But it is this quality of these characteristics that allows for one form of love to so easily lead to others. An initial connection in eros can lead to philia and storge as the emotional connection deepens, and even to loving-kindness, compassion, and acceptance.

“Being In Love With Someone”

When all of the six basic desire and altruism-based loves are experienced towards a person we have truly “fallen in love with them.” That experience of “being in love” with a person typically leads to both attachment and bodhicitta as well. When the bodhicitta fades it is no longer a healthy love of growth. When the attachment fades it can lose stability, groundedness, faithfulness, and security in the face of change. This is the ideal, or healthiest** form of “being in love.” Attachment rooted in eros, philia, and storge and bodhicitta rooted in loving-kindness, compassion, and acceptance, experienced as a unified whole towards a single person.

*I combined into loving-kindess the third immeasurable of empathetic joy or mudita which is experiencing happiness when witnessing the joy of others.

**Within this though, the attachment style can vary according to the four attachment styles presented in attachment theory. It is of course ideal that the attachment style experienced be the secure type, though experiencing it as one of the other three doesn’t preclude the real experience of authentically “being in love” with the other person.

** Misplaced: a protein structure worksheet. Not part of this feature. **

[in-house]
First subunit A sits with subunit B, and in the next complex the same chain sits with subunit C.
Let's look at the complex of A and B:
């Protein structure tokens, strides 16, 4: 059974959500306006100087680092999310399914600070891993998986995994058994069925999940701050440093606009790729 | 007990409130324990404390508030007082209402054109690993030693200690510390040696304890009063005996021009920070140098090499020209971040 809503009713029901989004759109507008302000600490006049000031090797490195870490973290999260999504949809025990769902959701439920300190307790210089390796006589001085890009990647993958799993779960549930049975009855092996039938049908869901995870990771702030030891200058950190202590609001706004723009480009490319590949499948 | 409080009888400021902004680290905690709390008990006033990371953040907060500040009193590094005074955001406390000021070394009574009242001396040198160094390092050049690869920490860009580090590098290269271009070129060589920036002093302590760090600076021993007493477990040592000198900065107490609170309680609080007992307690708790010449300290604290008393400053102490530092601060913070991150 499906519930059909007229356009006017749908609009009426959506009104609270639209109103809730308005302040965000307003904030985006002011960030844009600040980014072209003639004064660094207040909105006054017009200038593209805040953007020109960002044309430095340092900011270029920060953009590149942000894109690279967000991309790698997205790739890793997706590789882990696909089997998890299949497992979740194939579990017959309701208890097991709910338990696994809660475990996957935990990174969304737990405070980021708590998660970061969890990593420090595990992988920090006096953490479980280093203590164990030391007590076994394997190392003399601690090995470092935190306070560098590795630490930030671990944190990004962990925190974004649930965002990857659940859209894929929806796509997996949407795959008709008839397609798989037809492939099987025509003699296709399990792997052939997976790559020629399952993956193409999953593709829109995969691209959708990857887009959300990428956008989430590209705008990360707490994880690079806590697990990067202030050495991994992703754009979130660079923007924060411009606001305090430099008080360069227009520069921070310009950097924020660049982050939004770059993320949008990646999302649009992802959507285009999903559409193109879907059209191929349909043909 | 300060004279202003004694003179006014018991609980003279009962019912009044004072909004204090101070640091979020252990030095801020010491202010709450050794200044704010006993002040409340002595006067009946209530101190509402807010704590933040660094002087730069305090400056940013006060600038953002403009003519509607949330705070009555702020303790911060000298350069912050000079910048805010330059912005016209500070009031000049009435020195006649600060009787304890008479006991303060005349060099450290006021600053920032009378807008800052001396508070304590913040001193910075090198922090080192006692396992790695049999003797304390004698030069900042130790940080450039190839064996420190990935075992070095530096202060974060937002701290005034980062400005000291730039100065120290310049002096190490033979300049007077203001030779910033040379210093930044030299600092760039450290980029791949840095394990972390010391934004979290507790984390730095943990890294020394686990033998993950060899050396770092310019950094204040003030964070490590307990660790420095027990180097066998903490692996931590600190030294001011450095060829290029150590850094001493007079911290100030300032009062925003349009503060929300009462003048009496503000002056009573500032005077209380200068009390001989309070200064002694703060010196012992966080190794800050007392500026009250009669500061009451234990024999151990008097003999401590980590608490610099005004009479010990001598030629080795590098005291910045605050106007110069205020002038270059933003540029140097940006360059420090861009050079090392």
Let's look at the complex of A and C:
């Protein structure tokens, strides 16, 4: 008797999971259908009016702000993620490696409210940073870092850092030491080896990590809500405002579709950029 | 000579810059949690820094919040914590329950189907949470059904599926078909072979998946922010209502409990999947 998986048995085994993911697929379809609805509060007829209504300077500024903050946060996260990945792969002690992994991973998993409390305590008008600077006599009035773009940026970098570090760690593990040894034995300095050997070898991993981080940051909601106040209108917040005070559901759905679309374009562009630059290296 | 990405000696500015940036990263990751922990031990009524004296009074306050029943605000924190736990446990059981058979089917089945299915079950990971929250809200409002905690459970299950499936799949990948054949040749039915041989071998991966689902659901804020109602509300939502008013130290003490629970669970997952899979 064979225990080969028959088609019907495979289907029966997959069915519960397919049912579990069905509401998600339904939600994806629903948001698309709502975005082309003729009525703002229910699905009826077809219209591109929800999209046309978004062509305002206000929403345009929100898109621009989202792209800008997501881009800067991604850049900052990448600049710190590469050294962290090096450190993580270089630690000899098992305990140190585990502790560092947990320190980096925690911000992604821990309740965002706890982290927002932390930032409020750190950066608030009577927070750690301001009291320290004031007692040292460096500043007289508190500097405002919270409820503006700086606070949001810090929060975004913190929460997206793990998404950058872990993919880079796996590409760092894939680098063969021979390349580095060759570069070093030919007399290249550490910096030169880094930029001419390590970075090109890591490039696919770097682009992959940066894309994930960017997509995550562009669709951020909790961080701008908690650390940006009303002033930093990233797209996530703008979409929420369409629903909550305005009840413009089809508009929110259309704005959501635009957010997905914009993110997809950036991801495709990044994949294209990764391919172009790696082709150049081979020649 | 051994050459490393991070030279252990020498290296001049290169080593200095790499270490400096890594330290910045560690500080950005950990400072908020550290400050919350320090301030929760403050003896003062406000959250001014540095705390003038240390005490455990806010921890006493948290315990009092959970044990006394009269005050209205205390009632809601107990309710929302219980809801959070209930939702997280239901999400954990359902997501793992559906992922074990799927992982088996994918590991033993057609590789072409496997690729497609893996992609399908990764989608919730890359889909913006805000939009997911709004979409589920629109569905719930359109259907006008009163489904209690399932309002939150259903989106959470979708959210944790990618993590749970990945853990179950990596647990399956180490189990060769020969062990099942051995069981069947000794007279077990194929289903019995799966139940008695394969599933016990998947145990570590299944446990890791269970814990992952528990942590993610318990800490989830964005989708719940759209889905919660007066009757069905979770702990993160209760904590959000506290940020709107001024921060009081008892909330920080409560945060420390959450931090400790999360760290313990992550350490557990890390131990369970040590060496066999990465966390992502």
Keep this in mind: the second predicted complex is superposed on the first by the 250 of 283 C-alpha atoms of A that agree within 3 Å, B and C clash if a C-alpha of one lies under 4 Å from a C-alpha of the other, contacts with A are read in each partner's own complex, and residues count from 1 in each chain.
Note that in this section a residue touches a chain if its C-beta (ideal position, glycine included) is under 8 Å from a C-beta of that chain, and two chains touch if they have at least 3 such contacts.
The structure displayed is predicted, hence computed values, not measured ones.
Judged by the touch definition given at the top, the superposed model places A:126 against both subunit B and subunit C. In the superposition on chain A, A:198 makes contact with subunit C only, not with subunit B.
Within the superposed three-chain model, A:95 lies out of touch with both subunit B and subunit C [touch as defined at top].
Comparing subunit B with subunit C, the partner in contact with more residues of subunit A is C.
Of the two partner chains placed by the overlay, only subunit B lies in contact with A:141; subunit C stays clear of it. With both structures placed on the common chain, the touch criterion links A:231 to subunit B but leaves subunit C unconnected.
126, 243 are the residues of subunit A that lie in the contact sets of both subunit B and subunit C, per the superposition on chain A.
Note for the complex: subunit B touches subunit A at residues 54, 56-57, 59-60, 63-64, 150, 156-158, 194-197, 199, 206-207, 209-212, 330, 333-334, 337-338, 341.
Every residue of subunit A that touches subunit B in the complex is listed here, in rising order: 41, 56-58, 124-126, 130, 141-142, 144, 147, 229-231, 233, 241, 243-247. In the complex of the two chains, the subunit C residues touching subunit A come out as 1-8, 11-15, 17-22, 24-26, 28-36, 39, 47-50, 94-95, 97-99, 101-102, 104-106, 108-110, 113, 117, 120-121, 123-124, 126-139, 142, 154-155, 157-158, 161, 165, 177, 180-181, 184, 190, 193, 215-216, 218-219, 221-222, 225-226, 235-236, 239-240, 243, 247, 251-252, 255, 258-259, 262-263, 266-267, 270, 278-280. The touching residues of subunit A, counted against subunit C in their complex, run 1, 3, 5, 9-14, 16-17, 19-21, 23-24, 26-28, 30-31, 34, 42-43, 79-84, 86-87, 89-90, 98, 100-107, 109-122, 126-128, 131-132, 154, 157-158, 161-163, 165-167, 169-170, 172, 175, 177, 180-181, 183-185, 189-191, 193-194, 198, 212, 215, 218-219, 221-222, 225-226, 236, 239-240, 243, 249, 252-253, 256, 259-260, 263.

Love Model

The Higher Death

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OM
It is mind; it is empty.
It is mind; it is empty.
It is all mind; it is all empty.
All this false being is intrinsically devoid of essence.

There is no “is.”
There is no “is not.”
Every phenomenal thing is trapped between being and non-being for eternity;
It is this neutral ground which holds the key-spark.

From this fundamental truth we can see our own true nature,
As well as that of all sentient beings.
All are the same.
All are naught.

Out of this void rises wisdom and compassion.
With these two-fold wings every being may know the highest peace.
They may transcend pain, and even non-pain.
They may transcend transcendence itself.

But transcending transcendence means nothing to an ordinary sentient being.
Beyond “beyond” is unfathomable.
One’s mind must know its own depths as unfathomable,
And through this see truth.

All that we see is mind, and yet we abide in ignorance.
All that we know is mind, and yet we abide in ignorance.
All that we experience is mind, and yet we abide in cyclic pain and despair and woe.
We ignore this pervasive void of essence, and so cannot see beyond the promise of bliss.

I too, am lost.
All beings are lost, until they taste of the well-spring of infinity.
This may only be found through the path of loss and renunciation.
But who can know that this renunciation is beyond mere possessions or perceptions?

To lose our very being, our souls;
To negate all pain with bliss, and all bliss with equanimity;
To let go of our very instincts of self-perservation, connection, reproduction, sustenance, and being;
To embrace demise and void as though a loving long-lost friend–this is the highest practice.

Find yourself in your Death.
Find Death that transcends the duality of mortal existence.
Seek the ultimate Death who resides at the core of life itself.
She is your lover and guide to a world beyond conception.

But It is still mind, It is still empty.
Yes, It is still mind, It is still empty.
Even here, It is all mind; even now It is all empty.
All this true being is even still devoid of essence.
SWAHA